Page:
Beware of -ishing
It's a never ending battle. Either go at it alone or find yourself a reputable monitoring company. I encourage you to visit my site at IDShield. Here you can access a comparison-chart of the more popular monitoring services and compare them to IDShield. But in the meantime here's a good read:
"A favorite tactic of fraudsters is to pretend to be someone that they are not in order to trick someone else into giving up personally identifiable information (PII). They usually represent themselves as legitimate, often well-known businesses and look to obtain a person’s Social Security number, bank account information, or credit card data to use for their own fraudulent purposes.
There are a number of methods a perpetrator can use to attempt to steal such desirable information, and each has its own clever name that ends in “-ishing.” ¦ Phishing occurs via email.
¦ Fax phishing occurs via facsimile (fax) machine.
¦ Vishing occurs via telephone voice messaging systems.
¦ Smishing occurs via SMS (short messaging service), also known as texting.
Several characteristics are common to any “-ishing” scam. For example, the message frequently heightens the recipient’s sense of urgency by either stating they will lose access to something (e.g., bank account) if they don’t respond quickly, or they will gain a benefit (e.g., faster tax refund) that requires certain personal details to access. The victim will be prompted to share the information by return email, fax, phone call, or text message or may be asked to visit a particular website. Once the person responds to the initial point of contact, all other information provided is designed to make the responder comfortable about sharing PII.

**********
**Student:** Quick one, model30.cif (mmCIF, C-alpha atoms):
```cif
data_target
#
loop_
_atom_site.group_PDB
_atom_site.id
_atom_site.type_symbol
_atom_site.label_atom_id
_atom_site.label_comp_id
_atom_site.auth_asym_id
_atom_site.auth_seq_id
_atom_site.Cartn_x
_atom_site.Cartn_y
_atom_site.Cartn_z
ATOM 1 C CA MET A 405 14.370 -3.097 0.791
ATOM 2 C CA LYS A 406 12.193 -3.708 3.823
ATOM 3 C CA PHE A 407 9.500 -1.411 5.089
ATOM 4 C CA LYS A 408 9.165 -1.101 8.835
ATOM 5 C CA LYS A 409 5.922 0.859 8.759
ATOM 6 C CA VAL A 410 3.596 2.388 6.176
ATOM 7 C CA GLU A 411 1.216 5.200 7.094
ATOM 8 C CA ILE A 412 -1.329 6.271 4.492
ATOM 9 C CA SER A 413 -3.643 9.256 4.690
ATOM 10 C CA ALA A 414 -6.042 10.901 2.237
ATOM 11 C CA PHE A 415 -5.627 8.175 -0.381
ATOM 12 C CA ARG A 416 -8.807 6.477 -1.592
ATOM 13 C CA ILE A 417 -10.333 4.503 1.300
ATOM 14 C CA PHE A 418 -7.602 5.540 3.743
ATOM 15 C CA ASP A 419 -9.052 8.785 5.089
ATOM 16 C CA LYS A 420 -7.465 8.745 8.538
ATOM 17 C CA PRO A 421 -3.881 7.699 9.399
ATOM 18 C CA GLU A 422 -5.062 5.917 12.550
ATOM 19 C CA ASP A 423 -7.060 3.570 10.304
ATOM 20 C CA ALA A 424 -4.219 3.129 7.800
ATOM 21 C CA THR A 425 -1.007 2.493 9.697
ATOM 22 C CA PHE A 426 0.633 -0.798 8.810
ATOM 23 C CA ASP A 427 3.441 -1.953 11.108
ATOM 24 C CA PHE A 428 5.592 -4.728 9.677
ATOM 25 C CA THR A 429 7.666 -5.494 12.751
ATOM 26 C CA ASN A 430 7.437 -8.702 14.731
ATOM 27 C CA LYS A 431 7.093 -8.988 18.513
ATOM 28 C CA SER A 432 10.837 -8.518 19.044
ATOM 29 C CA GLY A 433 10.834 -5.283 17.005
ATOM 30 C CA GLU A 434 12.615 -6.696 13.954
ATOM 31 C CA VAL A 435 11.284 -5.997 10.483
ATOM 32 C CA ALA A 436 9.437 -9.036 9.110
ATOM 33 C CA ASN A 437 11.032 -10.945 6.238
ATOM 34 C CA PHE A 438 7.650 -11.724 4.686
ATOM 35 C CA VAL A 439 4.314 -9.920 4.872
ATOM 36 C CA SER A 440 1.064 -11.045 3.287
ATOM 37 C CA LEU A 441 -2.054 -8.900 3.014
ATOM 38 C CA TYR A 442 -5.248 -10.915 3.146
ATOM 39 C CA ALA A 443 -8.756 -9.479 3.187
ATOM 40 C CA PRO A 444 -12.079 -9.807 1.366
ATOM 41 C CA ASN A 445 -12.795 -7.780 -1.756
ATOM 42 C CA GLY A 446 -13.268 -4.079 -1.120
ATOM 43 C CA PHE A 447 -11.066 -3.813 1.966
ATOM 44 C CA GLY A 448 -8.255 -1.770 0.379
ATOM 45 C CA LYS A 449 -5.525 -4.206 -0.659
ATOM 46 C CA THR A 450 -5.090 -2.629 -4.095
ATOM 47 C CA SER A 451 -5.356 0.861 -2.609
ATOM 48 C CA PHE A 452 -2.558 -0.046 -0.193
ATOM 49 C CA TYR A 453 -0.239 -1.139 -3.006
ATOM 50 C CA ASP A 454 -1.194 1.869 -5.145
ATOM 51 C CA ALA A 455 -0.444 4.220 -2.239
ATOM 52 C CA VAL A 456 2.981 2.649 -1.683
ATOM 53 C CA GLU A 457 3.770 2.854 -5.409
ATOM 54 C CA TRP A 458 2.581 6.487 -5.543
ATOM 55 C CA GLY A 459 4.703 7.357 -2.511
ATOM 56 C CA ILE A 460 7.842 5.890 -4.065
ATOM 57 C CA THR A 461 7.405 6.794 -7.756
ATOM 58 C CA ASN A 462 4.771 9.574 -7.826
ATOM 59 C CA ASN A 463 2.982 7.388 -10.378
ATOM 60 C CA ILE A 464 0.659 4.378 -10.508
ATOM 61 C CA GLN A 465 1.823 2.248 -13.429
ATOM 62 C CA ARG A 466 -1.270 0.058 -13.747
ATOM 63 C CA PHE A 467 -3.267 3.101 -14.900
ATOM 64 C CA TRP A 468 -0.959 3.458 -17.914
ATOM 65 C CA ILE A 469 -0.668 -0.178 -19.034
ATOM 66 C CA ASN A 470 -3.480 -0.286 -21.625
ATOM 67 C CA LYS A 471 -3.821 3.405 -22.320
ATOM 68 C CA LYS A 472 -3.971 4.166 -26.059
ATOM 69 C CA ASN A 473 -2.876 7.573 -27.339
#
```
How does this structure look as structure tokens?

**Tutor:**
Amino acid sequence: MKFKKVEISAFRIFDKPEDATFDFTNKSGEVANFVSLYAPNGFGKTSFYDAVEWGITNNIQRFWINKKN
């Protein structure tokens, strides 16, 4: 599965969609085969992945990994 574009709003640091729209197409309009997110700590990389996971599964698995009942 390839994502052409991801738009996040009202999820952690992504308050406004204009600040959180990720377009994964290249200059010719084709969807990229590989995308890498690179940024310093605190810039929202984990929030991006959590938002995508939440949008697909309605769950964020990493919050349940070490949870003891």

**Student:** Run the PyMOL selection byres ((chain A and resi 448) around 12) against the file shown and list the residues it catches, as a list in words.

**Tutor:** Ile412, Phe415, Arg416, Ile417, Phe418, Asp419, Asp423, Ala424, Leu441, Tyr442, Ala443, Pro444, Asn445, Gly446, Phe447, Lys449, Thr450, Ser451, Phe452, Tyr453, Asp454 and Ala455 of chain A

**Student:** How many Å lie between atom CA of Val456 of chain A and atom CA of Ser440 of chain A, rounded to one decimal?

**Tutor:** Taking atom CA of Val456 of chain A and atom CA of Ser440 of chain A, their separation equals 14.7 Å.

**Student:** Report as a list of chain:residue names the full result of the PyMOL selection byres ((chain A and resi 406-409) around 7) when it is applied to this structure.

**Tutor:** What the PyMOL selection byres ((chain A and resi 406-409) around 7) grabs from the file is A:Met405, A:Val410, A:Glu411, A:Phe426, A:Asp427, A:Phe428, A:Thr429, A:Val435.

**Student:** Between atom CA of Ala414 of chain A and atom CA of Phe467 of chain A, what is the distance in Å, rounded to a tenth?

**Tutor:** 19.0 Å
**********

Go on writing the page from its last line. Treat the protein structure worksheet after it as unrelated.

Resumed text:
To avoid becoming a victim, remember the following advice:
¦ Don’t react too quickly. It’s important to remain calm, even if you think you are about to lose a service or if you think a punitive action is about to be taken against you. Remember, if you are already doing business with the company represented, they should already have all of your information—why would they need to suddenly demand it from you?
¦ If a communication is unsolicited, don’t follow the directions to click, call, fax, or text. Instead, independently verify that the message was sent by a legitimate source. This could include visiting the company website, calling customer service directly, or some other form of contact, as long as it is initiated by you.
¦ The name that appears on your caller ID service may not be the person making the call.
¦ No government agency, and typically no legitimate private organization, will send an email, fax, or text message to solicit PII from you"
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